Weaving started as a means to make clothing for the cold Oaxaca mountain air. Woven on backstrap looms, designs were inspired by the land, animals, and Mayan spiritual beliefs. Virgin wool was locally sourced from a nearby farmer, naturally bleached, and washed clean in the village river. Plants, fruits, seeds, bark and insects were used to dye the wool into vibrant colors, mixed together in specific combinations to make hundreds of shades. These combinations are never shared, like any good family recipe. Four generations later, the Mendoza family continues to weave their ancestors’ Zapotec designs. The men still work in their homes, now on manual pedal looms, and the women still naturally dye the wool with the same resources found on their land. Their children start learning the process around age eight.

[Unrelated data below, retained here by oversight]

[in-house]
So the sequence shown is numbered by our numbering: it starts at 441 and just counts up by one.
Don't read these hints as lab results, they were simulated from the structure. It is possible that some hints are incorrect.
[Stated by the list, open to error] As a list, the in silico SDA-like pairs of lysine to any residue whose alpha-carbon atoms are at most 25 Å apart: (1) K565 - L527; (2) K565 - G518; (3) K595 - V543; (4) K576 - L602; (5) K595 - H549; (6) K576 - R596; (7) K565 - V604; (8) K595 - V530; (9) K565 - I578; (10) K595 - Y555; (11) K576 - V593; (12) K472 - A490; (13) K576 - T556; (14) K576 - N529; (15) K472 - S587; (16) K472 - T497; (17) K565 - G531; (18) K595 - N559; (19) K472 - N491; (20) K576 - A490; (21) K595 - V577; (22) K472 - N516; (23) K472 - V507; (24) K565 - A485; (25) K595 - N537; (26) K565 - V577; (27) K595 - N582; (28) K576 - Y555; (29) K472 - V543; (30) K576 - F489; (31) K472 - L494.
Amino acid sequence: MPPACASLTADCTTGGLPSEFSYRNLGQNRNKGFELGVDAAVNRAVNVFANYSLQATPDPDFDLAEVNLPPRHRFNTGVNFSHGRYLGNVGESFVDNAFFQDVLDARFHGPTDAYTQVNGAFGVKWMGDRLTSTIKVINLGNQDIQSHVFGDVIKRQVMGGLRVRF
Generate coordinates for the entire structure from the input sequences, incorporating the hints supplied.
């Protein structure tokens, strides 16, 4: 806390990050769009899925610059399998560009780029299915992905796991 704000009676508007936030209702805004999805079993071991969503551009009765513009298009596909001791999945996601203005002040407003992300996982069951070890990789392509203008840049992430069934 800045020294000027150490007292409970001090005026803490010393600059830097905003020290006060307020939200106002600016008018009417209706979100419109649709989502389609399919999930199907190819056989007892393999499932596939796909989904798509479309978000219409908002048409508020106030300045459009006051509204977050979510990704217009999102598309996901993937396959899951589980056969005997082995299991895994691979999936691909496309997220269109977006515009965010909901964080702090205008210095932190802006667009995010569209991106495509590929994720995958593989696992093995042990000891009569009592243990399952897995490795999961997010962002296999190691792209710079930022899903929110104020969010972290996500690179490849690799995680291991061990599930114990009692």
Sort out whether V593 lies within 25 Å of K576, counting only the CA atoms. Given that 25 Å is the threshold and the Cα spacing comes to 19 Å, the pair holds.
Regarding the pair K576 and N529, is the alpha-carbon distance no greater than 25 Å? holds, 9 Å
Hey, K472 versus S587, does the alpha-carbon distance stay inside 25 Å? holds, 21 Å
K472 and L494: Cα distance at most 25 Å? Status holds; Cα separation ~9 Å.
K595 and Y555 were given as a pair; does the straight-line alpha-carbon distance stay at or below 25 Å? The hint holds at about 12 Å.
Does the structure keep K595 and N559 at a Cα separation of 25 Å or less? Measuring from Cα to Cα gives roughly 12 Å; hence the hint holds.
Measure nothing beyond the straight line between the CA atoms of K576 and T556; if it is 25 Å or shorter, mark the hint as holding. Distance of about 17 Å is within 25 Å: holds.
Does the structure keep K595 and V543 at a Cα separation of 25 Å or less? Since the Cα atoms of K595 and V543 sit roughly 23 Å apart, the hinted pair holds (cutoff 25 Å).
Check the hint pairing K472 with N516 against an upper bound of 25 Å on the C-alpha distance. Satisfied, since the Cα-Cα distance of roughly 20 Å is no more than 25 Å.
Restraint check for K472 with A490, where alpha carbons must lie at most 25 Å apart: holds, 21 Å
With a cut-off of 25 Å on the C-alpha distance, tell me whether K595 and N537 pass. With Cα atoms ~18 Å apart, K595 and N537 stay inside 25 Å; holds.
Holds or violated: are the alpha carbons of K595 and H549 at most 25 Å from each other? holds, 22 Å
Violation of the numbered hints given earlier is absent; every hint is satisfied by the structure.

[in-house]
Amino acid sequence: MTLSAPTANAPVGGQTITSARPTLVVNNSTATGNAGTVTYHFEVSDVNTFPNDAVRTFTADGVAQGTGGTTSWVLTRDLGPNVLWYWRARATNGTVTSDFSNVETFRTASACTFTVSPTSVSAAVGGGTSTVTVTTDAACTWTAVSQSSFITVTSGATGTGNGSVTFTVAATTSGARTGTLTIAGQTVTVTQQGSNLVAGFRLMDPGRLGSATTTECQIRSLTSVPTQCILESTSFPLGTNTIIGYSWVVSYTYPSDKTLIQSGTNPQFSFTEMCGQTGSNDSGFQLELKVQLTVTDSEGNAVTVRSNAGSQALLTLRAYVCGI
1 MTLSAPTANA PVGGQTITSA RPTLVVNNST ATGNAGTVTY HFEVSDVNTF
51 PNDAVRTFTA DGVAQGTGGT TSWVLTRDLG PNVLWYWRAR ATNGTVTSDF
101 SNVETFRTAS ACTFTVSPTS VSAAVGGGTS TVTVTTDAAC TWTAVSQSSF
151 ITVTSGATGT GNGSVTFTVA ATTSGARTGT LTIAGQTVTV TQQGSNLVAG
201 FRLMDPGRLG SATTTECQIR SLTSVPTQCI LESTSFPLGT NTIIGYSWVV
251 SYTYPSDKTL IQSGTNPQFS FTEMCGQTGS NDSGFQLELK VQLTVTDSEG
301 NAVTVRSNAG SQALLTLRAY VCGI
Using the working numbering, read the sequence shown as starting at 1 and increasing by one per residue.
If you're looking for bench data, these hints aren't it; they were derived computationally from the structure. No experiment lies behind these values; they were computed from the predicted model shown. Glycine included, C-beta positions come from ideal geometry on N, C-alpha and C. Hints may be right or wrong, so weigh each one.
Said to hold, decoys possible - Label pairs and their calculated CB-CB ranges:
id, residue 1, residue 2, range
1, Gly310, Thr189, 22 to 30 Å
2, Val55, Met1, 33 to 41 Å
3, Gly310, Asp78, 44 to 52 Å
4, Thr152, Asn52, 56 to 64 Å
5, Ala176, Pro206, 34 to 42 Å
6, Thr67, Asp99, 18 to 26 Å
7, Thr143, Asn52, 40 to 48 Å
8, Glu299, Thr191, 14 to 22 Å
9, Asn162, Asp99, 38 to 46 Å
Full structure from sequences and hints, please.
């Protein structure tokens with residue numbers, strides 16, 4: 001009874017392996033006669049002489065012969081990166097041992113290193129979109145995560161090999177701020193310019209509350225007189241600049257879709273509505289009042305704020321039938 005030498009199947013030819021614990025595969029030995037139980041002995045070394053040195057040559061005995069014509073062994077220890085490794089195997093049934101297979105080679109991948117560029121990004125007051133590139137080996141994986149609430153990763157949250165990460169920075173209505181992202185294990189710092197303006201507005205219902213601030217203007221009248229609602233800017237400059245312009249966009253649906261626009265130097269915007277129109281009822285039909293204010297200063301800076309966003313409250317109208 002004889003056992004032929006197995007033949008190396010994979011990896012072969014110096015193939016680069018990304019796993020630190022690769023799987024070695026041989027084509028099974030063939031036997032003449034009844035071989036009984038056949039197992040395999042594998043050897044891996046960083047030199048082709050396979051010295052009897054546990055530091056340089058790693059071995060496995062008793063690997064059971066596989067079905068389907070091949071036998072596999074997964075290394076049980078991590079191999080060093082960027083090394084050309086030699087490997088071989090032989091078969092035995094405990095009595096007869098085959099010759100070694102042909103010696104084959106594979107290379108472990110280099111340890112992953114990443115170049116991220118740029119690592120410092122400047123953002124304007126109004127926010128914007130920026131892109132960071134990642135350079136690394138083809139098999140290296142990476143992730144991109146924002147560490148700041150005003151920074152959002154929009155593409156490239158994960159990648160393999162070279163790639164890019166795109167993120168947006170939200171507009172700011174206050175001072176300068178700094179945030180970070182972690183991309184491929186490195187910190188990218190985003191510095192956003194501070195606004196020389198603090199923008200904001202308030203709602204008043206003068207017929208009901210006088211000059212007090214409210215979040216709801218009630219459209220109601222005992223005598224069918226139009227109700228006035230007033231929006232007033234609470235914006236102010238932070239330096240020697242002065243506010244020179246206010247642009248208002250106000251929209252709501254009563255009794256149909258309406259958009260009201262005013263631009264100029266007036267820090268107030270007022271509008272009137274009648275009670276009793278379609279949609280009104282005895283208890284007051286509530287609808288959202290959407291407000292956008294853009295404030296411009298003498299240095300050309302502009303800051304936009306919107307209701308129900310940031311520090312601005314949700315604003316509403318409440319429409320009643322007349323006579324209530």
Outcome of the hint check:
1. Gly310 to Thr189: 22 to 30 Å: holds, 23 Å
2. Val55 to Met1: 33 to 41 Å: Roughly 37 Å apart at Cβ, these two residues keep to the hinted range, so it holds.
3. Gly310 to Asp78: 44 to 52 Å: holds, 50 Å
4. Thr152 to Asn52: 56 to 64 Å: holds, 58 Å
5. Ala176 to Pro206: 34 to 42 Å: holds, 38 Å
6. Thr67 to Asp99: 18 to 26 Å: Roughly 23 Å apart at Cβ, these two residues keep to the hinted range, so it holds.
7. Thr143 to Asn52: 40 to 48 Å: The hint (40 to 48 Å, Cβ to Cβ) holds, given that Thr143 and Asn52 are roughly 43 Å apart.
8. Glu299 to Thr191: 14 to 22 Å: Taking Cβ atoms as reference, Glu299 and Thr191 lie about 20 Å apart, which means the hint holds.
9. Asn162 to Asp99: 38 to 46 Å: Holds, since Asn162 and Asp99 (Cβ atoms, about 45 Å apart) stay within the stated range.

Global economic recession and the slowing of tourism in Oaxaca have hit the Mendoza’s village hard. There is little certainty that the new generation of Mendoza weavers will make a sustainable income from the artisanal techniques of those that have gone before them. We support their academic education, while they receive their artisanal education, by investing 10% of our profits into scholarships for the Mendoza children.